Sunday, 16 August 2015
Militant Breastfeeding - a mother's view
Last night I asked my 76-year old mother (an ardent advocate of breastfeeding and fully paid up member of the National Childbirth Trust when we were little in the early 70s and breastfeeding was deeply unfashionable) what she thought.
Now bear in mind that this is a woman who also successfully fought for home birth for us both in an era where this was also deeply unfashionable. Futhermore her best friend in the vegetarian movement, Frances Howard, wrote one of the earliest pamphlets extolling the health virtues of breastfeeding - Breast is Best - of which there were always a stack of copies in our house as my mother used to give them to her Yoga class ladies (she is also a Yoga teacher of some 50 years standing).
To my surprise, my mother replied that she finds the whole concept of breastfeeding in public 'bizarre', and firmly believes that both mothers and babies need quiet and privacy for this activity and why would a mother want Joe Public gawking at her while she did it?
She also worried that the modern trend for 'militant breastfeeding' was turning the public against breastfeeding rather than genuinely promoting it, particularly among shyer and less confident mothers who might choose to bottlefeed rather than risk doing something portrayed as controversial, even though it is actually the most natural means.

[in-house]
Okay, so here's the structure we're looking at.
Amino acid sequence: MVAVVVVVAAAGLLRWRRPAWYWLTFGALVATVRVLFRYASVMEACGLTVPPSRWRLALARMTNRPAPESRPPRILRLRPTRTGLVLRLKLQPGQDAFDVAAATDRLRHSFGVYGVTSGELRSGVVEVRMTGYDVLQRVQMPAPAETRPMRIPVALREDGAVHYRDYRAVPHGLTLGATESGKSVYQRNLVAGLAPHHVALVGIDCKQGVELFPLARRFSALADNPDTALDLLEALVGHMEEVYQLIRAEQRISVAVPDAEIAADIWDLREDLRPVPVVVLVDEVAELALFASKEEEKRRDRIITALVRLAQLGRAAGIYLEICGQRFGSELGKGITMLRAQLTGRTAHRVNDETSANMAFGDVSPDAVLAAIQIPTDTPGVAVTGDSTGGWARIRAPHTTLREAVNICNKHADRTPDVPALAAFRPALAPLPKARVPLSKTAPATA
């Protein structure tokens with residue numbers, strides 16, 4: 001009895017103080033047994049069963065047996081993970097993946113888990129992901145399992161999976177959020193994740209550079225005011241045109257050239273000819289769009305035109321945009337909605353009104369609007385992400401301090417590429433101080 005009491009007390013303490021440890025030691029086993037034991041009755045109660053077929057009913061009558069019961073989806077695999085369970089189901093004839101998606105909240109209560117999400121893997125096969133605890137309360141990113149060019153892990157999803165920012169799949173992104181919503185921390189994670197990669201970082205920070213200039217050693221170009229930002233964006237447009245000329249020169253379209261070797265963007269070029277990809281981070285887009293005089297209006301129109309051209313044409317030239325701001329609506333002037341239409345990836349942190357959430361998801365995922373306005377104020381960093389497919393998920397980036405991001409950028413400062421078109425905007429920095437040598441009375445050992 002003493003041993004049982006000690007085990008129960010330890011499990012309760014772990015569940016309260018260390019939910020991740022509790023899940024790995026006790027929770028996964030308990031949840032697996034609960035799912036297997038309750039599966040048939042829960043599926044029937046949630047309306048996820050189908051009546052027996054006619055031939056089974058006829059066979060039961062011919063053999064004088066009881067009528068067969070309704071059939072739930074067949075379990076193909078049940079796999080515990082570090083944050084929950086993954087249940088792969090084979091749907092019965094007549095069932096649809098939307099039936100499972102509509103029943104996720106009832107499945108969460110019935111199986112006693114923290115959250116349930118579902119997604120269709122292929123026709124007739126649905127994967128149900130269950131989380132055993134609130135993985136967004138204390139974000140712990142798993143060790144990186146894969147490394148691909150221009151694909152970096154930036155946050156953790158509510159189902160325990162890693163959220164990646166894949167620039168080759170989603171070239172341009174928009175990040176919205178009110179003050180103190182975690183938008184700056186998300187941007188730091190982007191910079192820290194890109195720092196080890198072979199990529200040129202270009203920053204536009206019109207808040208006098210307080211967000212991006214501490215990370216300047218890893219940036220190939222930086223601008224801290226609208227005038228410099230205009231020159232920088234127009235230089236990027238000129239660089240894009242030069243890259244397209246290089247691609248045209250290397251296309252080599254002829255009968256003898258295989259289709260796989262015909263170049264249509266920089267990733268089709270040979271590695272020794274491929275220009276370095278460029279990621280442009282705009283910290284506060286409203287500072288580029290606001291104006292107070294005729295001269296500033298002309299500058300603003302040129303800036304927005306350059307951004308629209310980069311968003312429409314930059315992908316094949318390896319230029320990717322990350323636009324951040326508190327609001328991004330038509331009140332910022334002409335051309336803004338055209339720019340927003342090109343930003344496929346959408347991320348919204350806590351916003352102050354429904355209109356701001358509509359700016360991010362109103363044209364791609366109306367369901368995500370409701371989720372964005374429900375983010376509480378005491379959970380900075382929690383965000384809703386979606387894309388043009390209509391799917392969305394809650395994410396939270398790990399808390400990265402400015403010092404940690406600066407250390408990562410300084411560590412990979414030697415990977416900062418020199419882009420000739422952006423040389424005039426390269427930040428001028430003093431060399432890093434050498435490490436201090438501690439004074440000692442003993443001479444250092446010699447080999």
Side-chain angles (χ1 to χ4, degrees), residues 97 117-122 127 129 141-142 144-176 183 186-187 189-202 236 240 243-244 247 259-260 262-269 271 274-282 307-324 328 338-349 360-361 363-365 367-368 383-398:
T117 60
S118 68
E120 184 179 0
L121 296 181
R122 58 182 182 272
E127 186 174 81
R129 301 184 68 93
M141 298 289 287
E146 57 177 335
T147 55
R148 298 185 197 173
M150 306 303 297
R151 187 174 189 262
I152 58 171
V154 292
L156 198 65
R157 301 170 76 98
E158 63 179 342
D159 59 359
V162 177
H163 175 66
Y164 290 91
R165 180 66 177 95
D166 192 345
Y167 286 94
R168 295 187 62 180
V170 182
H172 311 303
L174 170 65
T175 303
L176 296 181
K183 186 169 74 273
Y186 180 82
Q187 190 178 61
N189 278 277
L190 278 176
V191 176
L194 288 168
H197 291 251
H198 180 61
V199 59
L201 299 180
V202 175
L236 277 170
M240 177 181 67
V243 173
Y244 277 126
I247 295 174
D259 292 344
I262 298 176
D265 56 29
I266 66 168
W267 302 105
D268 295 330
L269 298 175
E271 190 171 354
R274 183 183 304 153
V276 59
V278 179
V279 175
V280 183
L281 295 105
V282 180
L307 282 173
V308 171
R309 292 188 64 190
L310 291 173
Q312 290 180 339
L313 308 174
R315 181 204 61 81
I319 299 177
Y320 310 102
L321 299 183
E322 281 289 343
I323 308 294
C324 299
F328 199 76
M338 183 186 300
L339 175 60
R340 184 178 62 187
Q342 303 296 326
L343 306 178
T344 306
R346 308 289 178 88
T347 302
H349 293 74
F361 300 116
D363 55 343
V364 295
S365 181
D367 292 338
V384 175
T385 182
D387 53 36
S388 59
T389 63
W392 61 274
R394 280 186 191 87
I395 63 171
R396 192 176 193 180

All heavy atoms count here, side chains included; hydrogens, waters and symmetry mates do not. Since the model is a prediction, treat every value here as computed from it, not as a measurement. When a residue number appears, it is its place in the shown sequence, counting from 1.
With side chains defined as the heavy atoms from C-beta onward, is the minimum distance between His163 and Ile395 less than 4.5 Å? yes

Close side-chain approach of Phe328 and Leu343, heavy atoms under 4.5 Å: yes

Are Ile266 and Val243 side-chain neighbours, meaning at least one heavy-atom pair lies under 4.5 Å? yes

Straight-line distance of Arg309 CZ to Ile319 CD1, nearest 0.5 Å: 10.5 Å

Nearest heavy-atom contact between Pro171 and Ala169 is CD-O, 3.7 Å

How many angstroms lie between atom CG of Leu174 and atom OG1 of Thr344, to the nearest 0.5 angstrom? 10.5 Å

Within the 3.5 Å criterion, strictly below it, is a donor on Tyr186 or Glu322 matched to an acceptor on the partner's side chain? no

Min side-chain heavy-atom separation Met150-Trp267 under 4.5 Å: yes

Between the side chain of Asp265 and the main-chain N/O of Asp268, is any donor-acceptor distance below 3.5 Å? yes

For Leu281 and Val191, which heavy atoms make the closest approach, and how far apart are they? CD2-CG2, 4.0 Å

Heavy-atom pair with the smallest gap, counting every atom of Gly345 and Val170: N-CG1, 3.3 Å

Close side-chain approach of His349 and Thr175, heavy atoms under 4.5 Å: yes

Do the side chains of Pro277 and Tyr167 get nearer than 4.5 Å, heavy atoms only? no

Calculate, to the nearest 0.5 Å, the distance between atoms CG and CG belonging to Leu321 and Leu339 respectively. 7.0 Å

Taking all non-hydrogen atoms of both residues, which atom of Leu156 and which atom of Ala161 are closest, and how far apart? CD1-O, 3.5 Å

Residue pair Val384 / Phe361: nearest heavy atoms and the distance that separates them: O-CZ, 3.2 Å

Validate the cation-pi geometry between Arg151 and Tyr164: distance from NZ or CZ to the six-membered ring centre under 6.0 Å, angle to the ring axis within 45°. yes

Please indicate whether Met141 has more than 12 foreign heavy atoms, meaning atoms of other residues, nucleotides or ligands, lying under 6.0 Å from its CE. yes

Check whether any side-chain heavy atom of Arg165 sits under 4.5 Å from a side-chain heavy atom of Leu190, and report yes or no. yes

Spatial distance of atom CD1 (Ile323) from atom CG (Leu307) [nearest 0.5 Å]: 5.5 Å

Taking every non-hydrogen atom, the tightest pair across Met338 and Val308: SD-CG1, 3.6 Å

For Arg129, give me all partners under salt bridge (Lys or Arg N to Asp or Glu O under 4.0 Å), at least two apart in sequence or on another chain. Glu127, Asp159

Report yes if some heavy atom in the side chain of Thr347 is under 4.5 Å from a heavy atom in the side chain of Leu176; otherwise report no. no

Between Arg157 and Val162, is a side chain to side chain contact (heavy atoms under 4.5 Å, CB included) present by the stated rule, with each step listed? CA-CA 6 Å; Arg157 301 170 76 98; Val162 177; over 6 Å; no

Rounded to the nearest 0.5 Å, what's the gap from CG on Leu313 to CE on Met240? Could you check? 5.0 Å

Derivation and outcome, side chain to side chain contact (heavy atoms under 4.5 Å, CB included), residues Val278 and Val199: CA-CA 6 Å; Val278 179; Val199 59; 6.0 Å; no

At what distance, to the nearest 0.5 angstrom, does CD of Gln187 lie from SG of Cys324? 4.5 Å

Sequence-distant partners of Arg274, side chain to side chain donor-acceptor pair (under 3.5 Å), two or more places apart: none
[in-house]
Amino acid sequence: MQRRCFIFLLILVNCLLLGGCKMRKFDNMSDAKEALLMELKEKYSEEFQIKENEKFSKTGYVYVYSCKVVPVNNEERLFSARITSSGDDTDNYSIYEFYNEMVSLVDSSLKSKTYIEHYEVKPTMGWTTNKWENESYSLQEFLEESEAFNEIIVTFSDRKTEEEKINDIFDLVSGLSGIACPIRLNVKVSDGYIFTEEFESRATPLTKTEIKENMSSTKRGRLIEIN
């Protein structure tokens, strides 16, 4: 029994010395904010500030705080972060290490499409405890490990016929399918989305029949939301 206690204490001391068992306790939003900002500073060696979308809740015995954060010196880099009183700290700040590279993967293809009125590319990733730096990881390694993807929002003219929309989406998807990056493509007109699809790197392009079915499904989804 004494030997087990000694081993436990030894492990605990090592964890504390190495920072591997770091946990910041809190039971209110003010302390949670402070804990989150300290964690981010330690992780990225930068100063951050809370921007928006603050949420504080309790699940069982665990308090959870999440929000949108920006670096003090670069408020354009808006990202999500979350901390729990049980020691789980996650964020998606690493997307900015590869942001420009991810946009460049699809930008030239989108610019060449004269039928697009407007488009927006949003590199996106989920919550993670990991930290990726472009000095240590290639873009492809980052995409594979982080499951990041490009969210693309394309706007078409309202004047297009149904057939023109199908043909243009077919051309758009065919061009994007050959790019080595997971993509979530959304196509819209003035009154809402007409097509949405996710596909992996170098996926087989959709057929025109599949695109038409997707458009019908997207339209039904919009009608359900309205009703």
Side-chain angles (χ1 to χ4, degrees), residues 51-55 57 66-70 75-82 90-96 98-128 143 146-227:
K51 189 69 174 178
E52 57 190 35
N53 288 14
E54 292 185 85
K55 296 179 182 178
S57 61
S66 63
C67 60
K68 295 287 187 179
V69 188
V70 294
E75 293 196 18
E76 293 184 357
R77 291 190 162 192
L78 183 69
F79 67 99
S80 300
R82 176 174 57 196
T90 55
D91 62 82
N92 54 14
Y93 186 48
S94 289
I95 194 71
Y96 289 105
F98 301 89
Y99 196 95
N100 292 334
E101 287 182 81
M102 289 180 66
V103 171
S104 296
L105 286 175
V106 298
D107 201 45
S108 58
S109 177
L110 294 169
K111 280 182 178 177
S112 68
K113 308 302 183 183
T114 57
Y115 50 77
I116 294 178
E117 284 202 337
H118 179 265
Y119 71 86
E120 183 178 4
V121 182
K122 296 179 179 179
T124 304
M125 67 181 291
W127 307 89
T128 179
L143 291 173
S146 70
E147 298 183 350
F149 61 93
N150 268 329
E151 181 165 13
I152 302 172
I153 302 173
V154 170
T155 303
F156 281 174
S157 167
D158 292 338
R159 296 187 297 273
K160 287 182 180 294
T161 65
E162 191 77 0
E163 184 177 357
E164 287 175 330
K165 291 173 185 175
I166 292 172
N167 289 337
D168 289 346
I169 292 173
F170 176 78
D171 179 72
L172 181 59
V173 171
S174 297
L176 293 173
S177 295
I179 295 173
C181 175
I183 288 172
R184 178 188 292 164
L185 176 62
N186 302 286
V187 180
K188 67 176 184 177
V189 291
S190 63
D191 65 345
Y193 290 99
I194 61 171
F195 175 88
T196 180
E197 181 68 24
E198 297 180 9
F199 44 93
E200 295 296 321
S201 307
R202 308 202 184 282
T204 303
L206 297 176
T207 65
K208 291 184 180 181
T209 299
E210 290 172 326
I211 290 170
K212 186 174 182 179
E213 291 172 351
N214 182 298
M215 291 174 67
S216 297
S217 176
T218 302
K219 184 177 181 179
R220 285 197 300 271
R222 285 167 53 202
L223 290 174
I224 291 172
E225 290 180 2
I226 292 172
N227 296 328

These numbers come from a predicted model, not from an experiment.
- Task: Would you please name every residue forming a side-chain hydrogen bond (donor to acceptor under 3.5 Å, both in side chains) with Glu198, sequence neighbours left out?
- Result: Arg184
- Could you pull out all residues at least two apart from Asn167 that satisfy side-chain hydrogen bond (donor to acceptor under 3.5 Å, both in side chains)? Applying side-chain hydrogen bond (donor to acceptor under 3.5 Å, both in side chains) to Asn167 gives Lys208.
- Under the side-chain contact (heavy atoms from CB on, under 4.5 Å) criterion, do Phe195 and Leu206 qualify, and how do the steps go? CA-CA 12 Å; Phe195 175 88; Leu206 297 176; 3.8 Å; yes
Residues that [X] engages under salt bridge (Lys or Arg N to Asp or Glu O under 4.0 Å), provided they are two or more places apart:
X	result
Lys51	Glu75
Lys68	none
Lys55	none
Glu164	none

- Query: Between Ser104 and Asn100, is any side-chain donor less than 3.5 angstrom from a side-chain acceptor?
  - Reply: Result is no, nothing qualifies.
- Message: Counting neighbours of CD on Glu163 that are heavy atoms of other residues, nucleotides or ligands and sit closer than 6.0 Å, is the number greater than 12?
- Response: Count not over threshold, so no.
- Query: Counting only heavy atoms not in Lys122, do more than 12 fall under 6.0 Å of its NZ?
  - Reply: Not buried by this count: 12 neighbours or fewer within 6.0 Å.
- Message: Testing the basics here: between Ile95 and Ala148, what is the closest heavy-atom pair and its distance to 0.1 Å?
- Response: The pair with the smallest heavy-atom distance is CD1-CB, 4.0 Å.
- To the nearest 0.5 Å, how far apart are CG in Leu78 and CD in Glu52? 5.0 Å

I was glad to hear that, for all her staunch views on the subject, she basically agreed with me that breastfeeding should remain a private matter between mother and baby.
In addition why would any mother want to risk some creepy DJ staring at her and judging her attractiveness and presumably whether he'd give her one, despite the kid dangling from her nipple?
Or indeed the breed of man who jokingly remarks 'oi, that baby is stealing my milk!' upon noticing a nursing mother in the local cafe. At least one of my acquaintance admits that this is his first thought.
My mother concluded by saying that the best thing the NCT could do was carry on lobbying for breastfeeding facilities to be provided and maintained in all public places. I asked how she had managed in the early 70s.
'Well I always fed and changed you before we went out, took dummies for you both wherever we went, and if we were going to be out for more than a couple of hours I used a breast pump. In emergencies I would simply ask the shop or our host wherever we were if I could borrow a room for a few minutes. Or go behind a tree or bush. There are always ways.'
Ways of breastfeeding without compromising the human rights, sensibilities and freedoms of others? Why isn't my mother with her full collection of Sheila Kitzinger tomes in the bookcase head of NCT?